Religion Today Summaries - February 24, 2006

Compiled & Edited by Crosswalk Editorial Staff

Religion Today Summaries - February 24, 2006

Daily briefs of the top news stories impacting Christians around the world.


In today's edition:

Christian Mobs Seek to Avenge Deaths


A story in the Houston Chronicle reveals that Christian mobs in Onistsha, Nigeria attacked Muslim motorists and traders Wednesday, leaving more than 30 people dead, according to witnesses. Riots sparked by the publishing of cartoons of the prophet Muhammad continued into a fifth day. Nationwide, the death toll reached at least 80. The mobs burned two mosques and looted and destroyed Muslim-owned shops as they sought vengeance for similar attacks against Christians in two predominantly Muslim cities in northern part of the country. "They've been killing our brothers and sisters in the north," men shouted Wednesday. The attacks in Nigeria began this weekend, months after the cartoons were first published in a Danish newspaper and weeks after they ignited a wave of unrest in Muslim countries from Egypt to Indonesia that left about 28 people dead. But the clashes in Nigeria, Africa's most populous country, have been the deadliest, and the first involving counterattacks by Christians. Religious violence has flared in recent years in this West African nation, which is split roughly in half between a Muslim north and a Christian and animist south. More than 1,000 Nigerians were killed in fighting between Christians and Muslims in 2004.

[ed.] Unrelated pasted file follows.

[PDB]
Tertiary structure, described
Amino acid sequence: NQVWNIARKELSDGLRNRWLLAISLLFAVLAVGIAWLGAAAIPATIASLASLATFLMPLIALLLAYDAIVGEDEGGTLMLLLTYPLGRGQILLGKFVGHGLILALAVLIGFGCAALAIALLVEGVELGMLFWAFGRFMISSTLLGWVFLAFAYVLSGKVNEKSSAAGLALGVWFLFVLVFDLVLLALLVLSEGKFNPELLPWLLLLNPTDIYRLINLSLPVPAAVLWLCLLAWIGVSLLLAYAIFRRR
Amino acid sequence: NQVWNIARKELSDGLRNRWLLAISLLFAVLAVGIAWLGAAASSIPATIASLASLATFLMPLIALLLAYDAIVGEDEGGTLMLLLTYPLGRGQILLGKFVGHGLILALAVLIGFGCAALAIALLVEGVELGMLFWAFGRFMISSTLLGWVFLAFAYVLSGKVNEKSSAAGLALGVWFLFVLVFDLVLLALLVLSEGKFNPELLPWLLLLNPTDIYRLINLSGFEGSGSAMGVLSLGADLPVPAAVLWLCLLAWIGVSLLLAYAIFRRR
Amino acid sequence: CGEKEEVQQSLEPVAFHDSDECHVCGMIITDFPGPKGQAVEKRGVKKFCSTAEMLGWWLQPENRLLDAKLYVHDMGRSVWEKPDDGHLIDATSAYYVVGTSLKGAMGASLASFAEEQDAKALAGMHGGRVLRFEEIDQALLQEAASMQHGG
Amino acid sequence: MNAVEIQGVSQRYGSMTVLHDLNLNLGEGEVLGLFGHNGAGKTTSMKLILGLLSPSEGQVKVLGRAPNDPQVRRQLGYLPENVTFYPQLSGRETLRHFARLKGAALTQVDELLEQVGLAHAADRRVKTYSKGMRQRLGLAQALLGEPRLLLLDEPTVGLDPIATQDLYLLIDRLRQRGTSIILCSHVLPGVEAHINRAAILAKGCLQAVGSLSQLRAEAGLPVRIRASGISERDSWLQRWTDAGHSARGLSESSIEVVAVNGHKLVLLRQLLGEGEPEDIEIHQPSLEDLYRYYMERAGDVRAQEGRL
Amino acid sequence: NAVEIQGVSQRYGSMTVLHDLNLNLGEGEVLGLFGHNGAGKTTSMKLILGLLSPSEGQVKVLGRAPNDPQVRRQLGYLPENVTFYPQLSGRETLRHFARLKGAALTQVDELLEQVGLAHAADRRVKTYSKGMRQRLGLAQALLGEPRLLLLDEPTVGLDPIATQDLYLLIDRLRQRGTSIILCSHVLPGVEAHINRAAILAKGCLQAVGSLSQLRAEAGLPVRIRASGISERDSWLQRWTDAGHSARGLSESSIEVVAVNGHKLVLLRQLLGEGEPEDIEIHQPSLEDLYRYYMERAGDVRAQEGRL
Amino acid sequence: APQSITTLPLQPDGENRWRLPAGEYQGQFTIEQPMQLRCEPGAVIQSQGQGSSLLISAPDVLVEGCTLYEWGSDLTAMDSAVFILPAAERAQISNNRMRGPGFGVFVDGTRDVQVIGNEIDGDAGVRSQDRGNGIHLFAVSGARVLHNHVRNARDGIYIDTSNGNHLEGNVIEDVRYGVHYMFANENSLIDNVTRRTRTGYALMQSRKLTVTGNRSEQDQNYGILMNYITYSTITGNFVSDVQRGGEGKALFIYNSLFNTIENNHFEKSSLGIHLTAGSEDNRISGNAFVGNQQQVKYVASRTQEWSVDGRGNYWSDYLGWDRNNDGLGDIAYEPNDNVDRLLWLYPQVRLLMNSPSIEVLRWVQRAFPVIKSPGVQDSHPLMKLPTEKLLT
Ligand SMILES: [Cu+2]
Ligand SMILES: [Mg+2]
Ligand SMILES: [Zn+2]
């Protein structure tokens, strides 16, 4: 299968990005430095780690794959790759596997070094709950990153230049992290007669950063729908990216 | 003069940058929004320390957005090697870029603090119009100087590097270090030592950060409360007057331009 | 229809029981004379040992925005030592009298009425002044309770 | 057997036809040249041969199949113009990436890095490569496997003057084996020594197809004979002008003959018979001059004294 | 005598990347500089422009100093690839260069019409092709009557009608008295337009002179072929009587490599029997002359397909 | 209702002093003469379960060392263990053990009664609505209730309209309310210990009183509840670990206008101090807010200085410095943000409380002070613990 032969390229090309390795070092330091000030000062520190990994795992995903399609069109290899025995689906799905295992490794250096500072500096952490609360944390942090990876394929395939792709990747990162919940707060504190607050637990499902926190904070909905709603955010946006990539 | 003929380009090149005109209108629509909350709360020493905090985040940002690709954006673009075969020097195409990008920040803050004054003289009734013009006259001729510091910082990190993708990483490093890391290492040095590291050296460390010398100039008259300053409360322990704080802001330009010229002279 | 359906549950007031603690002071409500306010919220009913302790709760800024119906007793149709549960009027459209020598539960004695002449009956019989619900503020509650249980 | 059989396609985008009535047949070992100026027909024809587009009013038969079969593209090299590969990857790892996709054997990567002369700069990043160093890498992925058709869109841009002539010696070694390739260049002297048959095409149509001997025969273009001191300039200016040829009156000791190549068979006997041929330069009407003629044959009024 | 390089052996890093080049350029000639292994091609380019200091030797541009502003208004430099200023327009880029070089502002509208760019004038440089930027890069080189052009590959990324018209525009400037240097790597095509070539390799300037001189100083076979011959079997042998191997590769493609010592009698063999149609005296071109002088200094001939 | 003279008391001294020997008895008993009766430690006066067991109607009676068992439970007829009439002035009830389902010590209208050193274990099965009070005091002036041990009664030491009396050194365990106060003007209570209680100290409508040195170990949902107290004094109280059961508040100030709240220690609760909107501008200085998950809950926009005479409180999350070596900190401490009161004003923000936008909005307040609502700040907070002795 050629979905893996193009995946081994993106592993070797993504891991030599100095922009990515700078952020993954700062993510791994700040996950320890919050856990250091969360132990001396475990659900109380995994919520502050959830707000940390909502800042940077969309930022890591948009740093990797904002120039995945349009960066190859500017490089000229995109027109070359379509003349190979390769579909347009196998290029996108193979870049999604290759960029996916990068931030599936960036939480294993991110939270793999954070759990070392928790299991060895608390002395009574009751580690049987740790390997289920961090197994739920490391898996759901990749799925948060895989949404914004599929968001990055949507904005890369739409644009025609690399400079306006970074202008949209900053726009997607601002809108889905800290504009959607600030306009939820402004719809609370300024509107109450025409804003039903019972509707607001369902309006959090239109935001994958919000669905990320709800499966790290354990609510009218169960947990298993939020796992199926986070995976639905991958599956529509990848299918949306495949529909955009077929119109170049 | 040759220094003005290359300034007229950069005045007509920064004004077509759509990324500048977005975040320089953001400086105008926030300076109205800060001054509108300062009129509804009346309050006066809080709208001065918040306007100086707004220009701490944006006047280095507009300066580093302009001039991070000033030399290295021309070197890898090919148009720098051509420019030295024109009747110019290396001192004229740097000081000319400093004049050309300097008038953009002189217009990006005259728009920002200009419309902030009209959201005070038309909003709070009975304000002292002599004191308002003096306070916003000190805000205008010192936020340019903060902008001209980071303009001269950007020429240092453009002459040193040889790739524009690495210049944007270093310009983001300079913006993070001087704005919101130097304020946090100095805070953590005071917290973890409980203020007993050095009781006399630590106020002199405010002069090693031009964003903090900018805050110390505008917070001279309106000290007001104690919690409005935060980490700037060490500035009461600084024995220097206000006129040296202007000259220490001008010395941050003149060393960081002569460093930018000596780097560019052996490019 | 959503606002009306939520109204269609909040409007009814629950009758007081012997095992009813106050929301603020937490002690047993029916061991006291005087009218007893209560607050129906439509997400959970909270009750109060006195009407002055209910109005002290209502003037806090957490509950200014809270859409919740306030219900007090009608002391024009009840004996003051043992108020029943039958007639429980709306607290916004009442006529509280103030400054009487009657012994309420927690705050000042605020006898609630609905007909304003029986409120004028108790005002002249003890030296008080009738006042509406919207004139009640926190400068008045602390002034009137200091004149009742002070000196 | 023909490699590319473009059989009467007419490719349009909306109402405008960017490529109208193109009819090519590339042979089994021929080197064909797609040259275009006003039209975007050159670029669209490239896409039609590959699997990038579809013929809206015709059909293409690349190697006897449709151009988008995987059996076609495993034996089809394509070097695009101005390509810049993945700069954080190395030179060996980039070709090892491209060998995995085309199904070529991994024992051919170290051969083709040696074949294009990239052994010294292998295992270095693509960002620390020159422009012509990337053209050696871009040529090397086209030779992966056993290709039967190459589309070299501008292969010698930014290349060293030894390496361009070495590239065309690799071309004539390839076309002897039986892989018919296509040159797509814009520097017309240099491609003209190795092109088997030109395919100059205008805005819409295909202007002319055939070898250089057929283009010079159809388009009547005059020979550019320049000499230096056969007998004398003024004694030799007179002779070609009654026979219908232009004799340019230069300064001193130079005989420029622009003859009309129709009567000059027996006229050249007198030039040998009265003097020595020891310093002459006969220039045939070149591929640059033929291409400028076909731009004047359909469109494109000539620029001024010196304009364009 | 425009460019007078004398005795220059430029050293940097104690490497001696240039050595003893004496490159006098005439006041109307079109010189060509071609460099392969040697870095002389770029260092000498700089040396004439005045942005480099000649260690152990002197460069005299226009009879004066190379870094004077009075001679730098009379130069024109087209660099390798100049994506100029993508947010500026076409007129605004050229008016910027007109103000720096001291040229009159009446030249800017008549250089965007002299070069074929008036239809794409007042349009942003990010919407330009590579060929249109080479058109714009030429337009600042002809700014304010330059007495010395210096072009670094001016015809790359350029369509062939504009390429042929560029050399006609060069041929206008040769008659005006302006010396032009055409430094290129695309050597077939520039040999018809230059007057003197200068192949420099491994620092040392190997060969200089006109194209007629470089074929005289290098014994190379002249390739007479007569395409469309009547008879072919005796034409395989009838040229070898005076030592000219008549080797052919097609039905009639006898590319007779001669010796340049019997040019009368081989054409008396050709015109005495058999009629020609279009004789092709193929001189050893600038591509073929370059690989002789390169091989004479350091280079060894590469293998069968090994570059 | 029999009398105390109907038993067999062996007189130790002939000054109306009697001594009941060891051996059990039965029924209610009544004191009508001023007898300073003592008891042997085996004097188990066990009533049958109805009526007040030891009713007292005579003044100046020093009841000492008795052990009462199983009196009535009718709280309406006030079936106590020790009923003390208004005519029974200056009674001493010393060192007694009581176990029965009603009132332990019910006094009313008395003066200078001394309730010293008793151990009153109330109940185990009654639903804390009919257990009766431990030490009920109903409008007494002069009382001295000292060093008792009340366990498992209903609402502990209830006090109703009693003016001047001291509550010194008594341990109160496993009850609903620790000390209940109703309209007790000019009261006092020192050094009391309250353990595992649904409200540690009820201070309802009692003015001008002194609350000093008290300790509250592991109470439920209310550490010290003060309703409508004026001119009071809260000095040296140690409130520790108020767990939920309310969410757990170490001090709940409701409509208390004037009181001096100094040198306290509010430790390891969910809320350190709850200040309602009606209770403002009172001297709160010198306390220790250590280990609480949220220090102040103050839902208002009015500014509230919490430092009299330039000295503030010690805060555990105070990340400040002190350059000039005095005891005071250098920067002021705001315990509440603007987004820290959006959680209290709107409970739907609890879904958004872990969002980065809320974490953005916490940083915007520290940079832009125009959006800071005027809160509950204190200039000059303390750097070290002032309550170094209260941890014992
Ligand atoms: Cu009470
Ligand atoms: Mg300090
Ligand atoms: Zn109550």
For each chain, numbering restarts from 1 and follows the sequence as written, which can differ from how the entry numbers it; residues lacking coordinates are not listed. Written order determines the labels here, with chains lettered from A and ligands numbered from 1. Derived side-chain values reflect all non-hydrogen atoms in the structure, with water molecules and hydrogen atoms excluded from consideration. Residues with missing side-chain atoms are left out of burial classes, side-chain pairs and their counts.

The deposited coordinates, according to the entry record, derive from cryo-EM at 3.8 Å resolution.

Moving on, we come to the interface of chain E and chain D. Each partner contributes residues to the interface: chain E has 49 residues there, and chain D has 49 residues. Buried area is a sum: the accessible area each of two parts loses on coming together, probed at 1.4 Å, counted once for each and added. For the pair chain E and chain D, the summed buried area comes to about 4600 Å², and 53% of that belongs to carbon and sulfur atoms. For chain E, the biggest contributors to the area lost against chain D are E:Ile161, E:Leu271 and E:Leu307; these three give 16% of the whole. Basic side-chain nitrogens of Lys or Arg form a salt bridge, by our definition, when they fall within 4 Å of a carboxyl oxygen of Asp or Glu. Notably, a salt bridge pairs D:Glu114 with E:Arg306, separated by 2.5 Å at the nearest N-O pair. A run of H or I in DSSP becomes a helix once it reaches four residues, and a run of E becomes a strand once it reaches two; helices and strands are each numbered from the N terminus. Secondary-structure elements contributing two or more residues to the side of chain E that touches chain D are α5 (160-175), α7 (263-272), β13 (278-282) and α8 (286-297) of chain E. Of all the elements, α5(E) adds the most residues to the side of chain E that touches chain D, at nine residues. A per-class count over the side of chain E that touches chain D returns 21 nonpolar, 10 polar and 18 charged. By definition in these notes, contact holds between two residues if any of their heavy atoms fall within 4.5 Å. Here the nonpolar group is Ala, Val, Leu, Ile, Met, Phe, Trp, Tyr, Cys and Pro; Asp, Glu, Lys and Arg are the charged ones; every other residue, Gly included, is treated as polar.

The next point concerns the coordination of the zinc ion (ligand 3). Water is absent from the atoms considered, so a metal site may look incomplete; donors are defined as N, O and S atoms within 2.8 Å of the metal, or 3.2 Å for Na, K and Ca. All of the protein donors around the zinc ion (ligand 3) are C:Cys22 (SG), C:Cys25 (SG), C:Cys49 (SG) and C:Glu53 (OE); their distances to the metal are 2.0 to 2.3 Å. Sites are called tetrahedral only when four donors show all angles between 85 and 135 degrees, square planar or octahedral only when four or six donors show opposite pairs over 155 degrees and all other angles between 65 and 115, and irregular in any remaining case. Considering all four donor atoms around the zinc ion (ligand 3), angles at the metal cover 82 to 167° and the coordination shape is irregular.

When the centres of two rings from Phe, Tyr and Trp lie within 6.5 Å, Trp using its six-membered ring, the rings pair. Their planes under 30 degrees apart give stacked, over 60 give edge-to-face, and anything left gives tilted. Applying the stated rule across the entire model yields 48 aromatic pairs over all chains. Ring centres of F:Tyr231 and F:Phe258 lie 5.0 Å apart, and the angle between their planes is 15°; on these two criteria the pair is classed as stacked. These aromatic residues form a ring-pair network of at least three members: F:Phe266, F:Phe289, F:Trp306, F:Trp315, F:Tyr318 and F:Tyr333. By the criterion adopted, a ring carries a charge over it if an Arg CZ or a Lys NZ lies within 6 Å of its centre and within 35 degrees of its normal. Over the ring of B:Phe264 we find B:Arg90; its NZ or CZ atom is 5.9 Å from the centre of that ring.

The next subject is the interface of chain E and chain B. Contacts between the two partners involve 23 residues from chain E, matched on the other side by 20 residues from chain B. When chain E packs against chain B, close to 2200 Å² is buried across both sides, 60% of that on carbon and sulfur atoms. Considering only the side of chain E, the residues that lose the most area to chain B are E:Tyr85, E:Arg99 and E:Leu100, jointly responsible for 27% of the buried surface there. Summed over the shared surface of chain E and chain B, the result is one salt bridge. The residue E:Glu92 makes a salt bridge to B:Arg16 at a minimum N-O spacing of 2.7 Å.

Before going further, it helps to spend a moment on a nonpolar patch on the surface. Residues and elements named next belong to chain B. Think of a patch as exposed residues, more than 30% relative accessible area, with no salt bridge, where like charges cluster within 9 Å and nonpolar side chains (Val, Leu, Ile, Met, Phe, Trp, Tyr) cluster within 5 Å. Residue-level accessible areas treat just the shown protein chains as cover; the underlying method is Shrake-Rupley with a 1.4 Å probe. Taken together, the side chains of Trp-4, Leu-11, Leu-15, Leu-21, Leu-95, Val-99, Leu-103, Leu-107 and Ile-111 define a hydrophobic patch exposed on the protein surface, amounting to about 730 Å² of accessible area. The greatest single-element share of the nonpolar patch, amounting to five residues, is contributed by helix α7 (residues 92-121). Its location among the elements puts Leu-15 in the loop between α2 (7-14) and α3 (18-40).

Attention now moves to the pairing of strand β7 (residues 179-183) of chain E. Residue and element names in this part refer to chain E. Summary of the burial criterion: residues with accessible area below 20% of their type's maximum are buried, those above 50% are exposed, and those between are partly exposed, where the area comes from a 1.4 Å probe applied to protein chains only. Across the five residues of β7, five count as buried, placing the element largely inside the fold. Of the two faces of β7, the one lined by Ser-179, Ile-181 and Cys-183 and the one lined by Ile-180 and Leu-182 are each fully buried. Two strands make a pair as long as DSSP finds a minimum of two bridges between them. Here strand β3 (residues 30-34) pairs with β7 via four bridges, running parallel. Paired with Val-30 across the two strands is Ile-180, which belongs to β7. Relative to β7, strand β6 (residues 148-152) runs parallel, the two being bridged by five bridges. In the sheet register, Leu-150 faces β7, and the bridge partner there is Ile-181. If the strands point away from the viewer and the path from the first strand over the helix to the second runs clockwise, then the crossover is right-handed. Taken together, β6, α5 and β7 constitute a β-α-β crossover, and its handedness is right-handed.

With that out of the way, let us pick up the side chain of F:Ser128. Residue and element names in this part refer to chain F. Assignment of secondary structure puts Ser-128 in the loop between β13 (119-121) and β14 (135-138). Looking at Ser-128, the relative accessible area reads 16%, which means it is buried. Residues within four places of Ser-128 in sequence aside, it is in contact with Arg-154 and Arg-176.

Attacks on Copts Expose Egypt's Secular Paradox


According to the Washington Post, on Jan. 17, an Egyptian police official, tipped off that Christians were trying to have a building they called ‘’a guest house’’ officially recognized, stopped by to inspect. Inside were big crucifixes, a hidden baptismal font, and pictures of a resurrected Jesus, saints and patriarchs. For 35 years, the congregation and priests labeled the place a guest house to avoid restrictions on church construction in Egypt. But "This is not a guest house," the official said with surprise. "It's a church." According to those who described the incident, the monks, priests and worshipers answered: “That's right. What of it?” The next day, a mob of Muslim rioters invaded the neighborhood and tried to burn down the building. Only a frantic defense by the Christians and heavy smoke kept the mob at bay. Police officers stood idly by. One Christian man was killed by a blow to the head. The sectarian battle was one of a series that have recently pitted the minority Coptic Christians against the majority Muslims. Repeated instances of violence have brought to light a persistent paradox of Egyptian life: Although officially a secular state, Egypt is in many ways an Islamic entity in which non-Muslims are accommodated but not exactly on an equal footing. Egypt’s constitution specifies Islam as the official religion; Copts make up less than 10 percent of the population. If the tensions are not new, the willingness of the Copts to stand up is.


The Good and Bad of Religion-Lite